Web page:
Dyslexia in children, affects a lot more than reading — it can also impact a child socially. “A dyslexic person who has word-finding difficulties can have trouble with their expressive language,” says Scott Bezsylko, the executive director of Winston Preparatory School, which specialises in teaching kids with learning disorders. “That has a social impact, in addition to your difficulties with reading and writing, that make you feel not so good about yourself.”

Kids with dyslexia — particularly those who have yet to be diagnosed — often suffer from low self-esteem and high anxiety because they worry that there is something wrong with them, and are often accused of not trying hard enough to learn to read. A child's anxiety can grow when they do not feel accepted or understood by their parents, peers or teacher.

“A lot of our work with dyslexic kids is to help them rediscover that they are smart and capable,” notes Beszylko, “because they’ve stopped believing in themselves.”

Emotional support

Dyslexia can result in frustration, embarrassment, avoidance and low self-esteem as a result of difficulties performing tasks that seem to come naturally to others. Demystifying the learning disorder with your child can help him develop the tools — and resilience — necessary to manage it, both in school and in social circumstances. Some things you can do to help include:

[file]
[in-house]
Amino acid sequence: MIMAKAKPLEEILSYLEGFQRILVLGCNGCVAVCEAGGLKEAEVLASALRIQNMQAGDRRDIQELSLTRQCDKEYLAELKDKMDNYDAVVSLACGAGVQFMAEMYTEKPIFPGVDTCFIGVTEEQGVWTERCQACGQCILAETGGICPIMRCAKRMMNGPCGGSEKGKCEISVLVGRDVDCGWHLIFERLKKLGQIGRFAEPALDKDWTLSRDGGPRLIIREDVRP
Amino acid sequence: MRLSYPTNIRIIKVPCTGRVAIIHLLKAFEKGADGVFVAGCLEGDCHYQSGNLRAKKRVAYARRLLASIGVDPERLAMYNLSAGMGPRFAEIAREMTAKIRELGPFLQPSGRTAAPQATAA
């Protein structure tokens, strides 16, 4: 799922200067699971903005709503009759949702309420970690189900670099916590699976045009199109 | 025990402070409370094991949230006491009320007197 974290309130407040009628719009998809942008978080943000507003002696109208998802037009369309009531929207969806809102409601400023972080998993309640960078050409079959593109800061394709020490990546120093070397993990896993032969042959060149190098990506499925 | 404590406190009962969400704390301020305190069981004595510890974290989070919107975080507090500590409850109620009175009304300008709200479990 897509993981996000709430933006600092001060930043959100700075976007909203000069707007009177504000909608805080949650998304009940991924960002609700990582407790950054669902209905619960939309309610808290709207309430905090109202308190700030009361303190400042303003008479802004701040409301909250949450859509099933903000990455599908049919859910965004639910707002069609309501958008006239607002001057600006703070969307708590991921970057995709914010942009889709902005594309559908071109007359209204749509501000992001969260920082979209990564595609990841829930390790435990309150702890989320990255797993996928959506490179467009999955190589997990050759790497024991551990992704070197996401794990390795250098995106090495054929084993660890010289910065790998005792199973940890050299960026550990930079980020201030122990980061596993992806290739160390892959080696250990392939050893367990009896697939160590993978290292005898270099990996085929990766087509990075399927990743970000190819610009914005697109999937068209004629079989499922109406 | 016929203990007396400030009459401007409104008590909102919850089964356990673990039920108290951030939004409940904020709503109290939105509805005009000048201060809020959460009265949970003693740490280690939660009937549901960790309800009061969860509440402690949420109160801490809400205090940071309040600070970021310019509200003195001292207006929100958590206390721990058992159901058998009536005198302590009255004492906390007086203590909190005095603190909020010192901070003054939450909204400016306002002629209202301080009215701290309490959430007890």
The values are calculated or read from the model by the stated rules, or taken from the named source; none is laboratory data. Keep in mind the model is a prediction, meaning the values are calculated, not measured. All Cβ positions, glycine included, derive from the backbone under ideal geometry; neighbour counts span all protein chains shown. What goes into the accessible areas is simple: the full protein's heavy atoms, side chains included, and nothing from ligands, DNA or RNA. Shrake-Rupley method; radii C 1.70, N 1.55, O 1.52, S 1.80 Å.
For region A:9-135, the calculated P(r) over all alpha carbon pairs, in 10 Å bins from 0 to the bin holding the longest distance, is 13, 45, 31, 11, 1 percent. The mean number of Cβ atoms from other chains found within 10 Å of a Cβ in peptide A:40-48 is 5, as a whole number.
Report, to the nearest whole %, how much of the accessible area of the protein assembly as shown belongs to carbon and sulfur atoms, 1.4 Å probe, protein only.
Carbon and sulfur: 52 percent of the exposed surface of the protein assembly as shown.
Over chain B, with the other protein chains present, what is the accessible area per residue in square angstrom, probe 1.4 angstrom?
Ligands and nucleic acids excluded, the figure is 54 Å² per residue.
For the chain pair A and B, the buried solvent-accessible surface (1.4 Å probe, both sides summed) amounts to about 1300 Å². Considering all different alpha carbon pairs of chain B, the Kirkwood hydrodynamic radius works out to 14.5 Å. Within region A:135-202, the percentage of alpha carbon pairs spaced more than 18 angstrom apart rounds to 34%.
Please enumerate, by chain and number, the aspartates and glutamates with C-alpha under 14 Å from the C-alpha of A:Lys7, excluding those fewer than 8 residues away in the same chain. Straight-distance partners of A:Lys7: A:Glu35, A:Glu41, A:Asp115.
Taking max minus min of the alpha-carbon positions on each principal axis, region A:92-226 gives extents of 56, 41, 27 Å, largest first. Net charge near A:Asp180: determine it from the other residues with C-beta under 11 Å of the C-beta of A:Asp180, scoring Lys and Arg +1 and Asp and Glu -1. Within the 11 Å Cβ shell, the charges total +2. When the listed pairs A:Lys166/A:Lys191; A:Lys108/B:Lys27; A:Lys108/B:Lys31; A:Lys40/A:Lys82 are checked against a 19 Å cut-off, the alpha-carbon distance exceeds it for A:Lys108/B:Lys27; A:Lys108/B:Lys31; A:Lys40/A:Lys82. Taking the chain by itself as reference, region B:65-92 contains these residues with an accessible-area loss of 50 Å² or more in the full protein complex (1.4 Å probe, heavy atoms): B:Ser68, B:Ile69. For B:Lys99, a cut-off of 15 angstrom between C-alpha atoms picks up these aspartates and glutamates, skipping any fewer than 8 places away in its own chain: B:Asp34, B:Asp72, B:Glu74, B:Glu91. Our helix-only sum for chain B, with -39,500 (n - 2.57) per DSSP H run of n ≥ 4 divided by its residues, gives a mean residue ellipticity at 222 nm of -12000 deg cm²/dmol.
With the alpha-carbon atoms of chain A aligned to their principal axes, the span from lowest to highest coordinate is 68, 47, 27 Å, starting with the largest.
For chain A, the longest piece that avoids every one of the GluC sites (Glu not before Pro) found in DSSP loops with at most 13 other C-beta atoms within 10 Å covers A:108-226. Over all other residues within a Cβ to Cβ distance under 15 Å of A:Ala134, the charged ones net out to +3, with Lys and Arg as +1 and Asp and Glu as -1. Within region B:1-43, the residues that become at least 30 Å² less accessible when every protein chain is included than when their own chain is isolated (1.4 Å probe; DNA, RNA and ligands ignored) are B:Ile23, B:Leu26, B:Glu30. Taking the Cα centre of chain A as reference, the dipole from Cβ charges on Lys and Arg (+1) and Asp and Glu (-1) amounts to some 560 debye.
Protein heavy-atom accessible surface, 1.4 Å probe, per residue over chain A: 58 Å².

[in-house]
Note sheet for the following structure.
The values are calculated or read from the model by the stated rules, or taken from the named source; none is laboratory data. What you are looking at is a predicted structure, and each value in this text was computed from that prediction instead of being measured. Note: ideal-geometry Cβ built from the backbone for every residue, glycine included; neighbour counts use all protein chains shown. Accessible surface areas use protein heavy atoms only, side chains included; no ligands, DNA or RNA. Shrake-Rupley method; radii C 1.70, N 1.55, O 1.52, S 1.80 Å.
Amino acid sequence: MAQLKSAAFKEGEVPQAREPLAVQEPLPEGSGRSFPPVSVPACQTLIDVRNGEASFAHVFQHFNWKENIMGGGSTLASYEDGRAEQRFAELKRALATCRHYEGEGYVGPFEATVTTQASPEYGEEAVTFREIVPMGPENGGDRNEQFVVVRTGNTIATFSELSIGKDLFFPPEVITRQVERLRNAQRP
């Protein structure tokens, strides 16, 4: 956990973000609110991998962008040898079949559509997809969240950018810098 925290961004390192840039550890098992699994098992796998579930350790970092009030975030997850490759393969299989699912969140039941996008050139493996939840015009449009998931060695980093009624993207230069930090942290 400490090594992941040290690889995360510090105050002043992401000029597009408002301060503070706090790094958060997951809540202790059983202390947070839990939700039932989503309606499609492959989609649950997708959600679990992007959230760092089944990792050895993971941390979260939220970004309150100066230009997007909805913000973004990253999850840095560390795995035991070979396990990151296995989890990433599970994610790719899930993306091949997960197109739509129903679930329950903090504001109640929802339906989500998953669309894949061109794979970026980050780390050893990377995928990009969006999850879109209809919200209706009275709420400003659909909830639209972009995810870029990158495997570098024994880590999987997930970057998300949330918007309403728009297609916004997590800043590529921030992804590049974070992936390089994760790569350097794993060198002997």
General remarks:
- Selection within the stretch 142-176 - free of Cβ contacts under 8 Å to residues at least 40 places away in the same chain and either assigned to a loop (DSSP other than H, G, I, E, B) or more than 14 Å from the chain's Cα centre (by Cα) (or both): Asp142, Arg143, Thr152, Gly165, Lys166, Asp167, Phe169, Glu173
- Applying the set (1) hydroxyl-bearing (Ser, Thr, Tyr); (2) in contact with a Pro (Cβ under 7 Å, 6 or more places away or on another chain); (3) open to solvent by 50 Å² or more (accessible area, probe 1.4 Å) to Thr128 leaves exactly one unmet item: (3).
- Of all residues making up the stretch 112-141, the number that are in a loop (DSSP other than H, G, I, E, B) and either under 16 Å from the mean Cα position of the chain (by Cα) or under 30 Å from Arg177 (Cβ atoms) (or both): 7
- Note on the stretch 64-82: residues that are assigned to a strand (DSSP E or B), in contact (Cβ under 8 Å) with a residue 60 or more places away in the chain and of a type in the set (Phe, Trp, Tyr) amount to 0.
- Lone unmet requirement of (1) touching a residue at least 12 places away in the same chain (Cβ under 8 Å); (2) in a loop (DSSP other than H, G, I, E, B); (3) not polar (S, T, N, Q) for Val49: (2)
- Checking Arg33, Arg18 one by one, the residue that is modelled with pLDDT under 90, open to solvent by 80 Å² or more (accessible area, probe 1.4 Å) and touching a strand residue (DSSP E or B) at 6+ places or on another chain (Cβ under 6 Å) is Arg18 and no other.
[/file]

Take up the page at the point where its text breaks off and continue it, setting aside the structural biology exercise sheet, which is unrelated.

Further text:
Discuss the specific challenges that result from dyslexia: “You know how you have a hard time reading signs or copying notes from the board? That’s dyslexia.”

Acknowledge his effort and celebrate hard work, even if there are still mistakes: “I know how difficult that reading homework was. I am so proud of how hard you tried.”

Help him recognise his strengths: “You showed such great sportsmanship and teamwork in the soccer game the other night, and that was a great goal you scored!”

Combat negative self-talk: If your child starts saying things like, “I’m just stupid,” don’t ignore it. Instead, check out these ideas for helping kids who are too hard on themselves.

With the right nurturing and tutoring, these children can recover, becoming confident and resilient. We can nurture our children to become emotionally intelligent.

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